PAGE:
I recently noted a privacy breach at Northern Inyo Hospital in California. It was one of those “small breaches” (i.e., less than 500 affected) that don’t get reported on HHS’s public-facing breach tool, but it really created distress for its victim. In discussing the breach, I noted my surprise at a statement the patient made that she might have to move to another community as she no longer had trust in the hospital and was worried about how information about her accessed by the employee might be used against her.
Subsequent details provided by the newspaper in a fuller version of the story provided some additional details on the case, which seemed to involve a messy divorce and custody fight, where the employee (identified by the paper as Cherie LaBraque) was in a relationship with the patient’s husband at the time she allegedly first began breaching the victim’s privacy. LaBraque and the patient’s now ex-husband were married in June, months before a more recent privacy breach allegedly occurred that led to her firing.
The patient, Tami Matteson, kindly reached out to me to discuss the case and her decision to move away. She no longer trusts NIH even though they fired LaBraque within hours of discovering the most recent instance of improper access to Matteson’s files. And because her ex-husband is on staff at the area’s only other hospital, she doesn’t feel confident that her privacy will be protected there, either – even though she notes the other hospital went out of their way to inform her that her records would be kept in a separate area and logs would be kept of access. As Ms. Matteson told me, she doesn’t want to feel like she is a “problem patient.” She just wants a hospital where she can be treated like every other patient and have confidence that her privacy will be protected.
According to Matteson, during the time in 2010 that LaBraque was improperly accessing her records, LaBraque was not only in a relationship with Matteson’s husband, but she was also writing letters to the court about the custody dispute between Ms. Matteson and her then-husband. I was unable to locate contact information for Ms. LaBraque, so these statements should be understood as Ms. Matteson’s allegations that have yet to be confirmed or refuted. I should also point out that there is nothing to suggest that Matteson’s ex-husband was involved in any improper access to her medical records or solicited his then-girlfriend/current wife to access them for him.
Although Ms. Matteson was offered a settlement by NIH, money doesn’t repair trust. The hospital’s statement that they were not responsible and there’s only so much they can do about a rogue employee does not inspire confidence either, even though many healthcare security professionals might find their statement realistic. In this case, there had reportedly been over a dozen improper accesses by LaBraque back in 2010, but those were never discovered by the hospital until a more recent incident that was discovered by an employee who was aware of the divorce and custody dispute.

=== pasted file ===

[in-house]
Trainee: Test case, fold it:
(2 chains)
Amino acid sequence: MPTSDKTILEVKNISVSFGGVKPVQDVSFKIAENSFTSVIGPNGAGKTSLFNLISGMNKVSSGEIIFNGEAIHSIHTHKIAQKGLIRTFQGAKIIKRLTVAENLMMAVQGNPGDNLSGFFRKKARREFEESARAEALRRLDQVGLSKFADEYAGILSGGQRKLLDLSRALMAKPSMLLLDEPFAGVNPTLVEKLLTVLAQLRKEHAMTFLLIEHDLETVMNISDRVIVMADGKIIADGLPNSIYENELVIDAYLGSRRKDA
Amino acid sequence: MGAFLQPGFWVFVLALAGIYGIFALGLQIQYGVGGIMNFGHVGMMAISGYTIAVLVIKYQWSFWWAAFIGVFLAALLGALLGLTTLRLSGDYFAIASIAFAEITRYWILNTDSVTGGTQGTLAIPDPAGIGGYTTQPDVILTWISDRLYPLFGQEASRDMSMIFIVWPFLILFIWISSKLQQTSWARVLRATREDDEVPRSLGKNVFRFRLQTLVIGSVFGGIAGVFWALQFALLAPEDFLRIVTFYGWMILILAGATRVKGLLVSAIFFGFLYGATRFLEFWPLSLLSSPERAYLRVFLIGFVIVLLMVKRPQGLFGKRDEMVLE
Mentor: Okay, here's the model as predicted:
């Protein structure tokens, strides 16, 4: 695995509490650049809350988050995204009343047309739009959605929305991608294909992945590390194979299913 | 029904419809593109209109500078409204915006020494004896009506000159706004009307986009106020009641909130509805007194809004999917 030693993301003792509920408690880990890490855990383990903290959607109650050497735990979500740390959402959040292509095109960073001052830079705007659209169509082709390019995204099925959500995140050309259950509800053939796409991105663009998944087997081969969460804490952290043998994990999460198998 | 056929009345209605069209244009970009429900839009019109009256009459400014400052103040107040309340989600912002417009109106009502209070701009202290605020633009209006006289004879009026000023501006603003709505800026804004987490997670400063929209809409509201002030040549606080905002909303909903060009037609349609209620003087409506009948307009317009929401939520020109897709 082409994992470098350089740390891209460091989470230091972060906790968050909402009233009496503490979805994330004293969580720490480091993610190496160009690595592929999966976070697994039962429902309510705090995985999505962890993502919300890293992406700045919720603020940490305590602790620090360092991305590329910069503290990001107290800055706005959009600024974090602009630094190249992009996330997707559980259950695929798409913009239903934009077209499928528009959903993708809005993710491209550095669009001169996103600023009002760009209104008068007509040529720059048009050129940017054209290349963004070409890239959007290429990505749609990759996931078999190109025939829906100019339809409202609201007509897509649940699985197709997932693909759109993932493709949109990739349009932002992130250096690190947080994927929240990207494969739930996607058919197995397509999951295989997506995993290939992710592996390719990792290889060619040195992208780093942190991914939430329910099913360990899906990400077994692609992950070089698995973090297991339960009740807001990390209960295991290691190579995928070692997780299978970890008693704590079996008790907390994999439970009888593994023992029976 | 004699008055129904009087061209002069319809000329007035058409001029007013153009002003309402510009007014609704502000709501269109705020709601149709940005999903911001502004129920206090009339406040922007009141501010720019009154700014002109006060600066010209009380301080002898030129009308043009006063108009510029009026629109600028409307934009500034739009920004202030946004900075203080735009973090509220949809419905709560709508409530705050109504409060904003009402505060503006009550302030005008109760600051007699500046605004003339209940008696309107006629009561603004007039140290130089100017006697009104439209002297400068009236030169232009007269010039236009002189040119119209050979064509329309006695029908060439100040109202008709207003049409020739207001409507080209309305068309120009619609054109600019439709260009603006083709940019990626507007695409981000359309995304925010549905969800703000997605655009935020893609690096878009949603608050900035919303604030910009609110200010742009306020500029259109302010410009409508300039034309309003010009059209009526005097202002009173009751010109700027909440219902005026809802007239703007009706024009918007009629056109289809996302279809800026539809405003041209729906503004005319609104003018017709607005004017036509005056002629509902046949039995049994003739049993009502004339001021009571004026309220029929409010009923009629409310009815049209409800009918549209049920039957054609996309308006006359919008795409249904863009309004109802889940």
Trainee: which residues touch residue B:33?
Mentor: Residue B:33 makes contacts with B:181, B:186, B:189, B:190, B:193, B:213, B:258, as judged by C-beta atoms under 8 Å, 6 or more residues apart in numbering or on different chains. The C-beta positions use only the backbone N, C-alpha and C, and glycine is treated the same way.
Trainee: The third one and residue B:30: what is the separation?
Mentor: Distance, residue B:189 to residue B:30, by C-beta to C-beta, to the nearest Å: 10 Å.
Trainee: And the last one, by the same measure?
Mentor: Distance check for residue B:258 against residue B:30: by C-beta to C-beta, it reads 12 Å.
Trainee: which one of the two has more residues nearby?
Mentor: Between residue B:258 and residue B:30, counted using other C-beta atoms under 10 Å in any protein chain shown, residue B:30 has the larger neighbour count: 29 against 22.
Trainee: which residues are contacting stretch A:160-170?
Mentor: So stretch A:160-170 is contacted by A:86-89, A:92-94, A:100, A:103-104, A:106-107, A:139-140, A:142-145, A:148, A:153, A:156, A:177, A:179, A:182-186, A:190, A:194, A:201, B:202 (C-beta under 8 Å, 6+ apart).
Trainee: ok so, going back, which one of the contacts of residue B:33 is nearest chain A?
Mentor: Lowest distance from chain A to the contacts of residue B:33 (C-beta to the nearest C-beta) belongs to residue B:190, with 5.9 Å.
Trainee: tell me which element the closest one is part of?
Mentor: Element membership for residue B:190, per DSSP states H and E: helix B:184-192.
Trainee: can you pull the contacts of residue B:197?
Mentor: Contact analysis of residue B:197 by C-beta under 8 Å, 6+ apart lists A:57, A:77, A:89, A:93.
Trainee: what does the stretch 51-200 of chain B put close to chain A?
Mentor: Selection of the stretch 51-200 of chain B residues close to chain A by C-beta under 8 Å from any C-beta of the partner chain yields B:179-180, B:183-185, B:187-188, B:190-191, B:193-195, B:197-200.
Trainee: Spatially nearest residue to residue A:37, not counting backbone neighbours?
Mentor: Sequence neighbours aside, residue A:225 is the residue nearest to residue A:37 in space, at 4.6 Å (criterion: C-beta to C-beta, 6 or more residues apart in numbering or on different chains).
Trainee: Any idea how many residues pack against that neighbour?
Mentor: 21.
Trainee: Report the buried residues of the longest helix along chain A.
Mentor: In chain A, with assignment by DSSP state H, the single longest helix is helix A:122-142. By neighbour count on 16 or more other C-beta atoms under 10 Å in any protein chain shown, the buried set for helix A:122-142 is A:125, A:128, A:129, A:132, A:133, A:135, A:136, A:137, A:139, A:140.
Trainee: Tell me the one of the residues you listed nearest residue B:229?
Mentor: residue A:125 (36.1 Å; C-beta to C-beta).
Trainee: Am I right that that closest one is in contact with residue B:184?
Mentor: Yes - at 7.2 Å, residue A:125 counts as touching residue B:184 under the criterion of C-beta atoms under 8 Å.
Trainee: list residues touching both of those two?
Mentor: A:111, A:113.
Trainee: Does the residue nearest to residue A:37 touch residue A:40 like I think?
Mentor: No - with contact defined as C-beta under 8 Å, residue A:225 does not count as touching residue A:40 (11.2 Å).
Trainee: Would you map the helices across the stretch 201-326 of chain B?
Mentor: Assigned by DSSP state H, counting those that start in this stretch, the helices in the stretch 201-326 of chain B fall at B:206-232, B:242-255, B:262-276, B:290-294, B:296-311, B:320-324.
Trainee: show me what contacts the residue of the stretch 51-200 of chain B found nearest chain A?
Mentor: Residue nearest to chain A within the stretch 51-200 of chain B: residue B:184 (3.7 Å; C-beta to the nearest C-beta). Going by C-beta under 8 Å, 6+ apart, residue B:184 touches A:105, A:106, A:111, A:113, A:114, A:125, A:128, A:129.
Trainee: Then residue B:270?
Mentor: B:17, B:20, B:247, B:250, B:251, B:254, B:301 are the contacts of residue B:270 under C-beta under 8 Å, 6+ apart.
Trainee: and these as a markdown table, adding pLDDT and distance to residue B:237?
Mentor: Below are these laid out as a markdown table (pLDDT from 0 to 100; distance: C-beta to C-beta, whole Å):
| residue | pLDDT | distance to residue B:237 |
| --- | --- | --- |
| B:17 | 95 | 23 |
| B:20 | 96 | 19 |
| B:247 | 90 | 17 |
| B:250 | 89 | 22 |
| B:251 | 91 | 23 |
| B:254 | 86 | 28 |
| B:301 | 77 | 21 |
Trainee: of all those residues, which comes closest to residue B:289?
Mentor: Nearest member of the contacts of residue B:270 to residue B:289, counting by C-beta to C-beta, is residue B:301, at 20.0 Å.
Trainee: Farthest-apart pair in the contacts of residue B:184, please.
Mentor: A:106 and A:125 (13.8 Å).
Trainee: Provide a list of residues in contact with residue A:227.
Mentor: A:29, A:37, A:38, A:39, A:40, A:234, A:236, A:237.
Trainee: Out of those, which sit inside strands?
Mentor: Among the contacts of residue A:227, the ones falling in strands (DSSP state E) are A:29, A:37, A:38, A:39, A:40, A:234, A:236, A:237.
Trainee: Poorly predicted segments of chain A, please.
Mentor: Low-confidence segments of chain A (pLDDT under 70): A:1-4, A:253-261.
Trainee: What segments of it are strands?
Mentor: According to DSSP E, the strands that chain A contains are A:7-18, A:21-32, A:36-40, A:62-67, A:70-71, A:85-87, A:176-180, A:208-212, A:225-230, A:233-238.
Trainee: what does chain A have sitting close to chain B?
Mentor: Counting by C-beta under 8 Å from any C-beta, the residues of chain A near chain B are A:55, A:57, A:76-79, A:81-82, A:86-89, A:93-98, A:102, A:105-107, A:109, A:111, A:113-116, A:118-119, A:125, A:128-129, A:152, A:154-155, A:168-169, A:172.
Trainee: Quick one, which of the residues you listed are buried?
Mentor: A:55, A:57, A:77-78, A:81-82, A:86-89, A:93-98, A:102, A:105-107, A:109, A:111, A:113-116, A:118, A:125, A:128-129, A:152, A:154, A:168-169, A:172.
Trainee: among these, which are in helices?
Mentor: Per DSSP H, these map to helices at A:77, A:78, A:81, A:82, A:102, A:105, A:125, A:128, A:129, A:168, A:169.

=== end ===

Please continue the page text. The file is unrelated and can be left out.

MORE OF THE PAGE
LaBraque has also been accused of improperly accessing the files of several other people, at least one of whom is a friend of Matteson’s. Those breaches , too, were not discovered until the hospital investigated the most recent breach involving Ms. Matteson’s records.
Criminal prosecutions under HIPAA are unusual, but if there is any evidence that the employee used or incorporated information from Matteson’s medical files in her letters to the court, then I think a criminal prosecution under HIPAA might be in order (cf, the Andrea Smith case for an example of a prosecution with similar circumstances). According to the media report and Ms. Matteson, the District Attorney in Matteson’s area seems to be viewing the conduct as multiple instances of a misdemeanor. HHS/OCR might be in a position to send an even stronger message, and it will be interesting to see what the D.A.’s office and HHS do with this situation. The paper doesn’t mention whether this breach has also been reported to the California Department of Public Health, but they, too, investigate privacy breaches and are more inclined to issue monetary penalties to hospitals than HHS seems to be. They could also demand other access controls or assurances to prevent this type of problem in the future.
Of course, that would all be of small consolation to Ms. Matteson, who informs me that yes, she intends to move away when she can resolve the custody issue with her ex-husband so that she can find a hospital where she feels her privacy will be better protected.
So the next time someone tries to tell you that a employee snooping or a “small” hospital privacy breach is “no big deal,” think of Ms. Matteson. I will.